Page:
See Related: How to Get Out of Debt Series

If you’re having trouble deciding what your money goals should be, you may be surprised that I actually recommend contributing to your 401(k) BEFORE paying off debt. But only if your employer offers matching contributions. Check out this article to learn more about What To Do With Your Money…Today And Tomorrow and to help give you an idea for some of your own money goals.

 

 

Example 2017 Money Goals

Here is an example of two specific and actionable financial goals for this year:

  • Start using the debt snowball method to pay off two credit cards
    1. Pay off the Discover card by June 1
      1. Look up credit card balance: $1,789
      2. Set up auto-pay for the minimum amount due
  • Set aside $300 per month above the minimum to pay down this debt
  1. Any extra money at the end of every month go towards this debt
  1. Pay off Citi card by Oct. 1
    1. Look up credit card balance: $2,247
    2. Pay minimum amount due until Discover card is paid off
  • Set up auto-pay for the minimum amount due
  1. Once Discover card is paid off, put any extra money at the end of every month go towards this debt

 

  • Save $2,000 in a Roth IRA by the end of the year
    1. Open a Roth IRA through Vanguard
    2. Fund new IRA with $1,000
    3. Set up auto-deposits of $100 a month

 

See Related: All About IRA’s – Part 2: How to Open an IRA

 

Put It on Autopilot

So how can you set yourself up for success in accomplishing your top money goals of 2017? Put your personal finances on autopilot to meet your goals. Taking a little time to initially set up a system, then automating it is the easiest and most surefire way to ensure your success.

You already do this in other areas of your life. When was the last time you actually had to take the time to write a check to make you monthly mortgage payment? I bought my first house in 2007 and don’t even remember writing a check to a mortgage company since then. This is the same idea as having your monthly rent or mortgage payment automatically taken out of your checking account every month. Just figure out the amounts and accounts you are working with, then automate the various transactions to support your goals.

 

Don’t Give Up When Plans Change

Winston Churchill said, “Plans are of little importance, but planning is essential”. I think he meant that nothing ever goes as we initially plan. But taking the time to make a plan and think through issues is invaluable. Planning will provide a lot of insight into your potential success or failure. Financial plans and goals are no exception. This year you will likely run into a surprise financial emergency whether it is repairing your car or buying a last minute plane ticket for a funeral. But it is important to think through so you will have a backup plan for when these things happen. It is all too easy to abandon your initial plan and just start putting stuff on your credit card and the next thing you know, your balance is even higher than where it started at the beginning of the year. Decide whether you are going to build up an emergency fund for occasions like this. Or are you going to be willing hold back on dining out and shopping for a few months until you get caught back up and back on your plan? Remember plans will change, but initial planning is crucial.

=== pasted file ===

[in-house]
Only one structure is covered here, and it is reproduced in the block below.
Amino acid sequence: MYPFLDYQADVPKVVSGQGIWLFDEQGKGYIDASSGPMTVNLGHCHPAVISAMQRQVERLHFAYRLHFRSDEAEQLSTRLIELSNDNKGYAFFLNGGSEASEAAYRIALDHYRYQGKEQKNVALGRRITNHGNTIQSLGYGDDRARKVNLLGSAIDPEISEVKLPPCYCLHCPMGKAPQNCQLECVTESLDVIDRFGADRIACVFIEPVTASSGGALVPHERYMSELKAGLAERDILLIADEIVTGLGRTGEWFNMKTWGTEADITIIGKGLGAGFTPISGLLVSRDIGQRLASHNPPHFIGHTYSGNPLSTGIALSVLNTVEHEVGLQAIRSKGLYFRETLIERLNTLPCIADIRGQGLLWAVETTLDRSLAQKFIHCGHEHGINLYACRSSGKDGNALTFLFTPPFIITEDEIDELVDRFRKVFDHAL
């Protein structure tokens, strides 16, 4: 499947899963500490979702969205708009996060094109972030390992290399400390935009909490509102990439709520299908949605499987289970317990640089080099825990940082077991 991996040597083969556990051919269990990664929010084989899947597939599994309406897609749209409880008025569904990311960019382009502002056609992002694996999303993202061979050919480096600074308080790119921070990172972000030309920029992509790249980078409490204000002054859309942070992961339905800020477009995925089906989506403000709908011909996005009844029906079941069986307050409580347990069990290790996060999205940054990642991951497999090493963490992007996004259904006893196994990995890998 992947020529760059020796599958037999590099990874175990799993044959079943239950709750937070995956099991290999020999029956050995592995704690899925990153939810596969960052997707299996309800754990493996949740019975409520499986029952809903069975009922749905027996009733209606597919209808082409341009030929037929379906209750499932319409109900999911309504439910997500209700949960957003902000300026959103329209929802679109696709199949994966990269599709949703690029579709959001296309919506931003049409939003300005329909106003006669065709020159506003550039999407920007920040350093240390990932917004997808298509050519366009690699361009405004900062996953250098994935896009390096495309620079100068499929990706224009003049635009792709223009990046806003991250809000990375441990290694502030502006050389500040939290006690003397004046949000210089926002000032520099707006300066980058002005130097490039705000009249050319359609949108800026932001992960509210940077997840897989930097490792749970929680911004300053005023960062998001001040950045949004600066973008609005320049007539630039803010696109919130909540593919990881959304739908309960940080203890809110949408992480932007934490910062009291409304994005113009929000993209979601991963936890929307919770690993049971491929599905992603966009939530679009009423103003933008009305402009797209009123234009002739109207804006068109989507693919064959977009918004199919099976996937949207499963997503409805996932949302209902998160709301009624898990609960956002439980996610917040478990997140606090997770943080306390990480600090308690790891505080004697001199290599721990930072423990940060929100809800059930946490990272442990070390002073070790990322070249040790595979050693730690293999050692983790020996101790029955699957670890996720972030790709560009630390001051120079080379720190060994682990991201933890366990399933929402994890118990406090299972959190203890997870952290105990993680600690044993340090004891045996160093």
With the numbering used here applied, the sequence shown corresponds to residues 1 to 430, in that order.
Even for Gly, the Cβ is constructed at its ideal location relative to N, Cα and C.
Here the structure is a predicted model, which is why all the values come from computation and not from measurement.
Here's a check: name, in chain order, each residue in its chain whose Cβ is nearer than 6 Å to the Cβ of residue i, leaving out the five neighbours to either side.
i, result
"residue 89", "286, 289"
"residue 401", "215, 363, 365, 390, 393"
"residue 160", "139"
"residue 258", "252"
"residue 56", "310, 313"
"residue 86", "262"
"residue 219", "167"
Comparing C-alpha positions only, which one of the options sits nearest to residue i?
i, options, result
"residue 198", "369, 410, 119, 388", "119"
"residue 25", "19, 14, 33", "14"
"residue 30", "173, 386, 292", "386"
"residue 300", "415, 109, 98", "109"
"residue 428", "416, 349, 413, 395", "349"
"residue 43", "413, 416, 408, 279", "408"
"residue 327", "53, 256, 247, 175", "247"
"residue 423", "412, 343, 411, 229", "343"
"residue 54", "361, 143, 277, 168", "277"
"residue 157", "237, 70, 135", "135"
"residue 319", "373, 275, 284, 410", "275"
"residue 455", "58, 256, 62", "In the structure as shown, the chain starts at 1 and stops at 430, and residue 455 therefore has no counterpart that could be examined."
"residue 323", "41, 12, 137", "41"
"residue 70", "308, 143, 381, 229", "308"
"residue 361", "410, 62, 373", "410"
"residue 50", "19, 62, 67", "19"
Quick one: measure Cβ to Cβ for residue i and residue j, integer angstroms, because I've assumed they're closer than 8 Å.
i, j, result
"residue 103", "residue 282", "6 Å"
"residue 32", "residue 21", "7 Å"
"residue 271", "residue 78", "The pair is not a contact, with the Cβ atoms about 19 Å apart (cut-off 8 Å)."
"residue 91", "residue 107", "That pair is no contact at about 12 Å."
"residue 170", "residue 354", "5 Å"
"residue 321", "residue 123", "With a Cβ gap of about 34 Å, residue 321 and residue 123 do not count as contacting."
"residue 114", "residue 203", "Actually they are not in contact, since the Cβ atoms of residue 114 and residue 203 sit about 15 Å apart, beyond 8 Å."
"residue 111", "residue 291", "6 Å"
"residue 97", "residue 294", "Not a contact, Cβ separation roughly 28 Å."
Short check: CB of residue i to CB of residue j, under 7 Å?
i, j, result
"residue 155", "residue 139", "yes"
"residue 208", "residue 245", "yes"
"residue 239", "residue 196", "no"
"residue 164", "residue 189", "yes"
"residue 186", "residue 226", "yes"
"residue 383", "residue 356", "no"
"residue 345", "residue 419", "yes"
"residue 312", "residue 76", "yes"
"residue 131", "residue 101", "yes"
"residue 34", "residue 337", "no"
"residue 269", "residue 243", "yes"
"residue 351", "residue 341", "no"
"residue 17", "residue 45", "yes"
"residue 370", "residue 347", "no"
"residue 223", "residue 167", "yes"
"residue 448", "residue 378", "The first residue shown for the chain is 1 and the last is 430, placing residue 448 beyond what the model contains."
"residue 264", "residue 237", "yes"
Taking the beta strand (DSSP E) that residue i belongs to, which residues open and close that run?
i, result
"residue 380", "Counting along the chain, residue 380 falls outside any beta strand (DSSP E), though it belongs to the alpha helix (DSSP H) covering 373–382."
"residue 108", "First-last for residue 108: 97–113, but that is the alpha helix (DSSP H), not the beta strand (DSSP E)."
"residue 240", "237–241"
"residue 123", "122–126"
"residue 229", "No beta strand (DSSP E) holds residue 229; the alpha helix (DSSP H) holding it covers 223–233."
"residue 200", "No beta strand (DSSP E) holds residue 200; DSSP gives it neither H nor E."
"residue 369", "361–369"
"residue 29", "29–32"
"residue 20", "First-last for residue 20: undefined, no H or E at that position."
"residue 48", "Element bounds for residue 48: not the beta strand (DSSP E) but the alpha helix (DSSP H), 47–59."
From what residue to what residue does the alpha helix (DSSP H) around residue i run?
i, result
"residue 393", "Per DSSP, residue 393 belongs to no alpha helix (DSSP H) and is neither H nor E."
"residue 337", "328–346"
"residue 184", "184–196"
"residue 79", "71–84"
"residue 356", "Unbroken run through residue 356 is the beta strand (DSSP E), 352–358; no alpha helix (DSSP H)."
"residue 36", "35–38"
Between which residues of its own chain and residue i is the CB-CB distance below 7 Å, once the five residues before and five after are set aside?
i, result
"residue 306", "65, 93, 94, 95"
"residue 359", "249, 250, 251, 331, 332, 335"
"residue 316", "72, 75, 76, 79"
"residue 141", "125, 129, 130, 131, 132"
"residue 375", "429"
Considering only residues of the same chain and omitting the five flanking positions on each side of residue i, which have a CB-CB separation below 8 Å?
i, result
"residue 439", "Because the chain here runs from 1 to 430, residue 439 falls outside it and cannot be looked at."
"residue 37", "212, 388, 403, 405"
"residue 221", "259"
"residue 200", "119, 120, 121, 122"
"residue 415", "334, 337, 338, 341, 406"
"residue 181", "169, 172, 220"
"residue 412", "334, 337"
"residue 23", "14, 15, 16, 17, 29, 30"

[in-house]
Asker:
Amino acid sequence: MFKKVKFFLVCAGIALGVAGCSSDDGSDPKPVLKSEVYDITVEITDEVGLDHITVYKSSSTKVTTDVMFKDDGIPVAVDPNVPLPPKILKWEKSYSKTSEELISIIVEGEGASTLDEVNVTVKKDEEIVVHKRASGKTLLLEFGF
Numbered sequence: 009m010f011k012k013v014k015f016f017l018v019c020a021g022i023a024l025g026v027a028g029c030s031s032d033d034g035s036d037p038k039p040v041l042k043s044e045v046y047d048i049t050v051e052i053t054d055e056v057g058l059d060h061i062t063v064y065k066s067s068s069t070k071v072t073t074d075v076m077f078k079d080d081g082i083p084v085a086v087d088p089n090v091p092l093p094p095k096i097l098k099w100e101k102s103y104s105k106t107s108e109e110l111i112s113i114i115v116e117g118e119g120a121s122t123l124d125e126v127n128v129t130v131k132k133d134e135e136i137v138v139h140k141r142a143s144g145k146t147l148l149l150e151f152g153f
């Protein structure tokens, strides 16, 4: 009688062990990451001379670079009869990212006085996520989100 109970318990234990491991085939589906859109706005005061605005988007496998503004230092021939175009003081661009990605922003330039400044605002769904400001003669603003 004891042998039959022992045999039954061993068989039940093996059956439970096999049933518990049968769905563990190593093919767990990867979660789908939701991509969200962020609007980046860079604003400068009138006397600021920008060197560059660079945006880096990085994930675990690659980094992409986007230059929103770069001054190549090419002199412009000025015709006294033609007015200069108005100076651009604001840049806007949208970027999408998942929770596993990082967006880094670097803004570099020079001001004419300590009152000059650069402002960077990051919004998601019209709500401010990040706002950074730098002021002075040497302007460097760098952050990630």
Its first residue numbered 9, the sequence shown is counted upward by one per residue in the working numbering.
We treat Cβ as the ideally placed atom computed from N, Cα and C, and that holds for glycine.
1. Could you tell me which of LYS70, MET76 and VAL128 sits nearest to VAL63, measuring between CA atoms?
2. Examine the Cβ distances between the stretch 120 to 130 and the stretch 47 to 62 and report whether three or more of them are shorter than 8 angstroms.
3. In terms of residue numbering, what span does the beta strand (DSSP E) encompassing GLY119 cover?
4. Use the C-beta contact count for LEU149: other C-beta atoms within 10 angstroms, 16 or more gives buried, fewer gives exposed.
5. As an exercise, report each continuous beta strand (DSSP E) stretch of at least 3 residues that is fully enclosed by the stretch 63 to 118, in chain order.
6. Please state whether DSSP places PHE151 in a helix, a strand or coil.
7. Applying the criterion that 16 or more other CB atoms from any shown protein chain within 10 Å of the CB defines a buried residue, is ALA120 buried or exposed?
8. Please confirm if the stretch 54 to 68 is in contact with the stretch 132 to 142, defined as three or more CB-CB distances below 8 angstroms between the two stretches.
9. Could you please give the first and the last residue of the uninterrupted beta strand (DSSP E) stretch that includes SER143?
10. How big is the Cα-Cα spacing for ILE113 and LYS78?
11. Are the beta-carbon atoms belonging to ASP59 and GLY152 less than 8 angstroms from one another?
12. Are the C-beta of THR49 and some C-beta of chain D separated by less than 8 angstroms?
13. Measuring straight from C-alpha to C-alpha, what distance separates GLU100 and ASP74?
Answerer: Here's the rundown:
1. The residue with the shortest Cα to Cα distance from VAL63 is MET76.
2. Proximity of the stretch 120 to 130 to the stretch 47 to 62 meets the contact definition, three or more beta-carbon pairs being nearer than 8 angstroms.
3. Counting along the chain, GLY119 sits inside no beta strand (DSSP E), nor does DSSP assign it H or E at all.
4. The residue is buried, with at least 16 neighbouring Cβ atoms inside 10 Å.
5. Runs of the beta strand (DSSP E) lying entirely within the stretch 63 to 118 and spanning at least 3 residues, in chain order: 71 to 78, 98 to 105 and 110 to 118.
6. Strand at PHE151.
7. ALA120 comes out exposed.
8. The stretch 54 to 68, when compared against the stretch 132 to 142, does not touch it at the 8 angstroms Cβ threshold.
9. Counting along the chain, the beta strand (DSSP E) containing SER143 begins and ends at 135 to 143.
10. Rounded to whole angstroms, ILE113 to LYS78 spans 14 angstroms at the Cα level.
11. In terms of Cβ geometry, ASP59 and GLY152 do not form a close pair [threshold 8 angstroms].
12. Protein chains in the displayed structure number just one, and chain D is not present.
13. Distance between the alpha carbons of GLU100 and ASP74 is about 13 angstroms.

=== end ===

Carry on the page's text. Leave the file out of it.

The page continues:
DIY Money Guy Financial Goals for 2017

To help set the tone and kick this off and set an example I’d like to share some of my money goals for this year.

  • Max out tax advantaged accounts
    1. Roth IRA – Already have account set up. Need to schedule auto-deposits every month.
    2. Employer 401(k) – Already have automatic paycheck deductions set up.
    3. 529 education savings account for both daughters – Goal of contributing up to the amount that is tax deductible. Will plan to fund these accounts with work bonuses my wife and I get this year.
  • Purchase a rental house
    1. Learn more about real estate investing (find new blogs, podcasts, and find a mentor)
    2. Start going to local meet-ups every month to build network
    3. Determine criteria for price, location, size, and condition of property of prospective rental properties to purchase

 

What are some of your financial goals for this year?

2 thoughts on “Your 2017 Money Checklist

  1. Great post! Probably silly, but I didn’t realize you could set up automatic deposits for a ROTH IRA on Vanguard. I’ll have to look into this. It’s a good idea to make retirement savings automated and not have to worry about it as often.

    1. Yeah, it seems easier to put saving and investing on auto-pilot. One less thing to remember to do and worry about. Just take the time to set it up once and then forget about it. And you will be much more likely to reach your financial goals because you don’t have to remember to do anything and it takes the emotion out of investing as well. I’ll write an article in the future with step-by-step instructions on how to set up automatic contributions. Thanks for reading and leaving comments!